How I Learned To Drive

“How I Learned to Drive”, a play by Paula Vogel, the Eugene O’Neill adjunct Professor of Playwriting and former Chair of the Playwriting Department at the Yale School of Drama, is onstage at UMD’s Dudley Experimental Theatre Tuesday March 26 through Saturday March 30 at 7:30 pm, and Sunday March 31 at 2 pm. It’s a story of a girl’s coming of age, all the while exposed to a lecherous uncle. This seemingly off-putting 1998 Pulitzer Prize-winning play is nuanced by Vogel’s choice of zany characters and mitigated by her ability to locate a heart.....even in the deeply flawed.

We’re set up with a comic black and white film that admonishes us to leave our cell phones out of it while never even mentioning them. Then to 1960’s rural Maryland before it has become a D.C. suburb; where, 100 years prior,  Li’l Bit’s family viewed the civil war from their porch.

I met my husband’s family in Piraeus. As we walked down the streets visiting friends, the Greeks’ ribald repartee’ alluded to body parts and street professions. It shocked me, but in the long run, prepared me for this play where Li’l Bit’s family dole out nicknames that, too, reflect body parts, including ‘Uncle Peck’.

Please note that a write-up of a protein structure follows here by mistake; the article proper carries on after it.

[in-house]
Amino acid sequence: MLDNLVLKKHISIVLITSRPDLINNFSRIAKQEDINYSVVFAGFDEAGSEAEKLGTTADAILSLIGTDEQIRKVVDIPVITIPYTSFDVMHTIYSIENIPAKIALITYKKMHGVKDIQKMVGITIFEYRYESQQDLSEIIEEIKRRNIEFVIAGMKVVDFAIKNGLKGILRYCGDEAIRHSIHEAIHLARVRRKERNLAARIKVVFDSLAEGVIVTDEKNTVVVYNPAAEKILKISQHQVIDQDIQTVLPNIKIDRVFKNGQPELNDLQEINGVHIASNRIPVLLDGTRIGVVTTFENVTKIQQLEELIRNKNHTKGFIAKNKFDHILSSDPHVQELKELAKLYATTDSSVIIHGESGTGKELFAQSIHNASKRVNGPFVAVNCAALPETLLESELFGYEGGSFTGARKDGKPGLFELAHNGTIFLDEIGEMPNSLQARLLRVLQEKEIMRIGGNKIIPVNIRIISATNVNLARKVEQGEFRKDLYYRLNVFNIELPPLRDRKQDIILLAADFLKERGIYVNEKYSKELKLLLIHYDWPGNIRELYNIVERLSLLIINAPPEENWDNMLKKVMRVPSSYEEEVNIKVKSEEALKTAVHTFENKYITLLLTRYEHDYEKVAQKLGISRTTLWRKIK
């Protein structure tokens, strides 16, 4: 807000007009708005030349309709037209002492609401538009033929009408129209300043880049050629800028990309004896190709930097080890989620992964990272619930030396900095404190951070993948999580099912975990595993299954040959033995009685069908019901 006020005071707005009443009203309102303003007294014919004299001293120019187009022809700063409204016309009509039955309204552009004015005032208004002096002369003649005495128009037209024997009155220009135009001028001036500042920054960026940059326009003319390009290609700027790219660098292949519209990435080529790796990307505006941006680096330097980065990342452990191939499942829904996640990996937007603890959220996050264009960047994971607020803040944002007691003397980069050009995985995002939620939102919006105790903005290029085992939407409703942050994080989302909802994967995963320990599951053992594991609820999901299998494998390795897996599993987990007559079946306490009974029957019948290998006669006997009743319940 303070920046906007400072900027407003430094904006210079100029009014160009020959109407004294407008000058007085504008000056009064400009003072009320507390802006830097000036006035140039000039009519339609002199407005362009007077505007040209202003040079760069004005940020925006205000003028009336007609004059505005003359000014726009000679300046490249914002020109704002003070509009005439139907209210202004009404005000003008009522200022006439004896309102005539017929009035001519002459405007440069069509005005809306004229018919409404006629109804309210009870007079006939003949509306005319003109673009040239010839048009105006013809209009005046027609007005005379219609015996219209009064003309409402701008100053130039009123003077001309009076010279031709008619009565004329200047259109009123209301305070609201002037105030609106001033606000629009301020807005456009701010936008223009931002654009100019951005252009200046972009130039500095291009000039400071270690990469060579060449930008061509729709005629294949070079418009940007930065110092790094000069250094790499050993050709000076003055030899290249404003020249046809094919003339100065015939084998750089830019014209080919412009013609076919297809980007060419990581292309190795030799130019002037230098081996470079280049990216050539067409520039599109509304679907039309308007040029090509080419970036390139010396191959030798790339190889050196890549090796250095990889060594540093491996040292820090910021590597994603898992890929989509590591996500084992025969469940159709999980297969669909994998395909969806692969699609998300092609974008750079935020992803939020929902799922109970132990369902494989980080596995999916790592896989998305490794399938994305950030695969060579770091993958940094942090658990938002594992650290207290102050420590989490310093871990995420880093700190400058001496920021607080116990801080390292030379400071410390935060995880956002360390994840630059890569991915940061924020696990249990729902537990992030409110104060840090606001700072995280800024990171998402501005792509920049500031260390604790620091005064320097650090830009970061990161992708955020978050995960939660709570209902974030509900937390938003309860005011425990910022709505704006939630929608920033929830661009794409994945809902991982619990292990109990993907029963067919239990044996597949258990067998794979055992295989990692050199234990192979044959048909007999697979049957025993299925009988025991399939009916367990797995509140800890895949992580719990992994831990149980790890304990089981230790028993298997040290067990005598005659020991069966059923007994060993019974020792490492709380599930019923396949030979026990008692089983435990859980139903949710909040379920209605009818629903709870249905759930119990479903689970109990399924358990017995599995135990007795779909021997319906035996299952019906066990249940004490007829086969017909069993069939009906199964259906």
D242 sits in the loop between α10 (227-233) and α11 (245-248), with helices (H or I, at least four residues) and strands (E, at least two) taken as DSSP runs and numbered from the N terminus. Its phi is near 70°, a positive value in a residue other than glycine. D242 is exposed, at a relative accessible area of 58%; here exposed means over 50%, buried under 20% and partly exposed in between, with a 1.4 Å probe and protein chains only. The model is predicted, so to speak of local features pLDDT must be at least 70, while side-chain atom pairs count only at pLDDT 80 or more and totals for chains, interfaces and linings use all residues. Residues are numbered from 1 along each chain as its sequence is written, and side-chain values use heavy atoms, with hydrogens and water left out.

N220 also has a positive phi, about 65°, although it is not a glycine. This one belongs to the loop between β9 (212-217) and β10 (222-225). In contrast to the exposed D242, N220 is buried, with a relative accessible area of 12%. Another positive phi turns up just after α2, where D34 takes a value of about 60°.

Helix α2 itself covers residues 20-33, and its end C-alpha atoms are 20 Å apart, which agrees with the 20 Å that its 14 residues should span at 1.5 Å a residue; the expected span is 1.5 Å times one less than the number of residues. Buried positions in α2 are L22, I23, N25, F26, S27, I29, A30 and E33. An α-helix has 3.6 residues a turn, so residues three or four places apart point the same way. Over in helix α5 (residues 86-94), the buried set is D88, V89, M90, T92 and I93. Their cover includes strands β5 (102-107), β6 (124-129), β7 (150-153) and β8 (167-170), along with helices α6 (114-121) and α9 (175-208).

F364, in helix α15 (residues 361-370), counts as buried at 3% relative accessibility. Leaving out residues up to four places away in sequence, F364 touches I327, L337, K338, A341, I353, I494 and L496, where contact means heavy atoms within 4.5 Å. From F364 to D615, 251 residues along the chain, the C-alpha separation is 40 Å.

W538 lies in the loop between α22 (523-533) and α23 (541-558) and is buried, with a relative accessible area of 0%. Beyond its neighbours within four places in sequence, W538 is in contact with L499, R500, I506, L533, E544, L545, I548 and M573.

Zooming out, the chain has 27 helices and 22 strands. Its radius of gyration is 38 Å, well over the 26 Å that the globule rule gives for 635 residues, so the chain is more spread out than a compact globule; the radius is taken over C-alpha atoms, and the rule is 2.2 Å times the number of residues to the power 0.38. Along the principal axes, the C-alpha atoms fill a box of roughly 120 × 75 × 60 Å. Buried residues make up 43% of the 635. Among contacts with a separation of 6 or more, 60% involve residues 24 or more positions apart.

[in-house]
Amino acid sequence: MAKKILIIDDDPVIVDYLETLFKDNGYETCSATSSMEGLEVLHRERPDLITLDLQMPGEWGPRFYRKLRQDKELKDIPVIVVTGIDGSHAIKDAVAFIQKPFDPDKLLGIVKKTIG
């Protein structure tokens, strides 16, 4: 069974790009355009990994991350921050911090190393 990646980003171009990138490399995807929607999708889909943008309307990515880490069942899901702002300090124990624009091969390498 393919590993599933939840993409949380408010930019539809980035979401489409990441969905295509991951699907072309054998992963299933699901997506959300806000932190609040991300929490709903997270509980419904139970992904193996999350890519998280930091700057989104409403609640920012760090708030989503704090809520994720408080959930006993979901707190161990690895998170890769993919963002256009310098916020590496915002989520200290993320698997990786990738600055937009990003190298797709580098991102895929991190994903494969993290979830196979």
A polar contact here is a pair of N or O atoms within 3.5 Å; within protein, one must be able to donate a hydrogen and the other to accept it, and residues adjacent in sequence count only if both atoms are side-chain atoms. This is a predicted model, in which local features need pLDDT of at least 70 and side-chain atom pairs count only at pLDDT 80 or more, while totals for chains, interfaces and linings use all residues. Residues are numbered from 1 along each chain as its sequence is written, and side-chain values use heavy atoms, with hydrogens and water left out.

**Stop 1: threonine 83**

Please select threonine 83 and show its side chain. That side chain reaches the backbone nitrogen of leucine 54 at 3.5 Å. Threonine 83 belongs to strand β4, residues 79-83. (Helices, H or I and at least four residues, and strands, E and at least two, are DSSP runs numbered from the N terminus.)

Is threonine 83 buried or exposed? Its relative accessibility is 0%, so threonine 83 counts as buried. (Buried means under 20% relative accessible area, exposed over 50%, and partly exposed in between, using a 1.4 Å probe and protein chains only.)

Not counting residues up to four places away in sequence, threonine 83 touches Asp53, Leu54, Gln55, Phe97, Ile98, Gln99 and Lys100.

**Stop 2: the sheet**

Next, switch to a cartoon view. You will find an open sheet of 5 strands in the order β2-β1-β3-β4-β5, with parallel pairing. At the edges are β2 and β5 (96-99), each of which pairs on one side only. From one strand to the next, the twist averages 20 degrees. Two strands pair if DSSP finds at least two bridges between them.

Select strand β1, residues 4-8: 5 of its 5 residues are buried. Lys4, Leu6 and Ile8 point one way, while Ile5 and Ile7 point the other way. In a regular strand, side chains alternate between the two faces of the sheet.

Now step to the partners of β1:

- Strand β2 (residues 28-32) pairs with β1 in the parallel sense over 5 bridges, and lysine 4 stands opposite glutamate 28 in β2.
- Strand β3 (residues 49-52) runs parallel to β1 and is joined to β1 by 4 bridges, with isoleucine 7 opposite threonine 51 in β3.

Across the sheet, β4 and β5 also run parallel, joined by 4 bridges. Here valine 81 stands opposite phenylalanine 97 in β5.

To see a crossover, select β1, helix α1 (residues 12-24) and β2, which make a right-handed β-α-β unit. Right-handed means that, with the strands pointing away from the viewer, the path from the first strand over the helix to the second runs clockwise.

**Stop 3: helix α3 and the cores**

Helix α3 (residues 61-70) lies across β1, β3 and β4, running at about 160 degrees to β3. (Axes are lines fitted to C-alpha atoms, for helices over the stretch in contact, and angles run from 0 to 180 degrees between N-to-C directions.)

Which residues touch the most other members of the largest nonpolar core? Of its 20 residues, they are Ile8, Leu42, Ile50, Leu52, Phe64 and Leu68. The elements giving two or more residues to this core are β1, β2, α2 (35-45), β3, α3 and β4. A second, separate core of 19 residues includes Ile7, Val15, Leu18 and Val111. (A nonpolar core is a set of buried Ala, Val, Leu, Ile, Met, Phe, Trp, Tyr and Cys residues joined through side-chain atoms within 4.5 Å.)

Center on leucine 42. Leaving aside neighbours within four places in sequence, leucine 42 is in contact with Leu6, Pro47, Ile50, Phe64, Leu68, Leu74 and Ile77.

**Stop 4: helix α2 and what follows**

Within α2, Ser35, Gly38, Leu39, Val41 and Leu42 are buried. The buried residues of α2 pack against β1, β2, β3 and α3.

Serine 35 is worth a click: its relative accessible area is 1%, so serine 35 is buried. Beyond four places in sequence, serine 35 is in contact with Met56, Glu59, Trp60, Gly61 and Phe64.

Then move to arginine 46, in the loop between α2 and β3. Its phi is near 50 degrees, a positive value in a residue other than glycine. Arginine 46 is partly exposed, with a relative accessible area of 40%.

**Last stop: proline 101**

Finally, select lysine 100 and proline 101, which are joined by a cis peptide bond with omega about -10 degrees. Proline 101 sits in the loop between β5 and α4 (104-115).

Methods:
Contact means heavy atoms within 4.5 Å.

This is a story that hinges on driving cars, and Vogel cues us to various chapters in Li’l Bit’s life by changing gears: forward from second to third, idling in neutral, back into reverse. We jump around her life to get a better picture, all the while Uncle Peck is teaching her to drive a stick.

The play is riddled with music: an aria; 60’s R&B; a chorus of three, do-wopping across the stage; allusions to the Flying Dutchman and Carmina Burana: interludes of comedy and music mixed into a decade of child enticement.

Do Mom’s drinking guidelines: straight up or on the rocks, then go to the bathroom and upchuck-       prepare Li’l Bit for her first drink, proffered by Guess Who?
And yet, a vignette of Uncle Peck teaching a little boy to fish touches us. They’re trolling for pompano in a South Carolina swamp, and sure enough, the child hooks one. Peck can taste it sauteed with pecans and butter. But when the child cries about killing the fish, Peck assures him it’s OK to feel that way. They throw the fish back. End of tale.

Li’l Bit completely divorces her experiences driving with Peck from the sex ed she learns from the women in the family. In fact, the day Peck sets her on his lap for a ravishing first driving lesson down the backroads of South Carolina, is the last day our girl lives in her body.
UMD Senior, Kate Zehr, is the apprehensive, gullable, caring niece. Junior, Joshua Stenvick, is splendid as her uncle. Amanda Sjodahl, Derik Iverson, and Stephanie Hammon play numerous roles from quirky family members to song and dance troops. I’ve seen all these young actors before. They just keep getting better.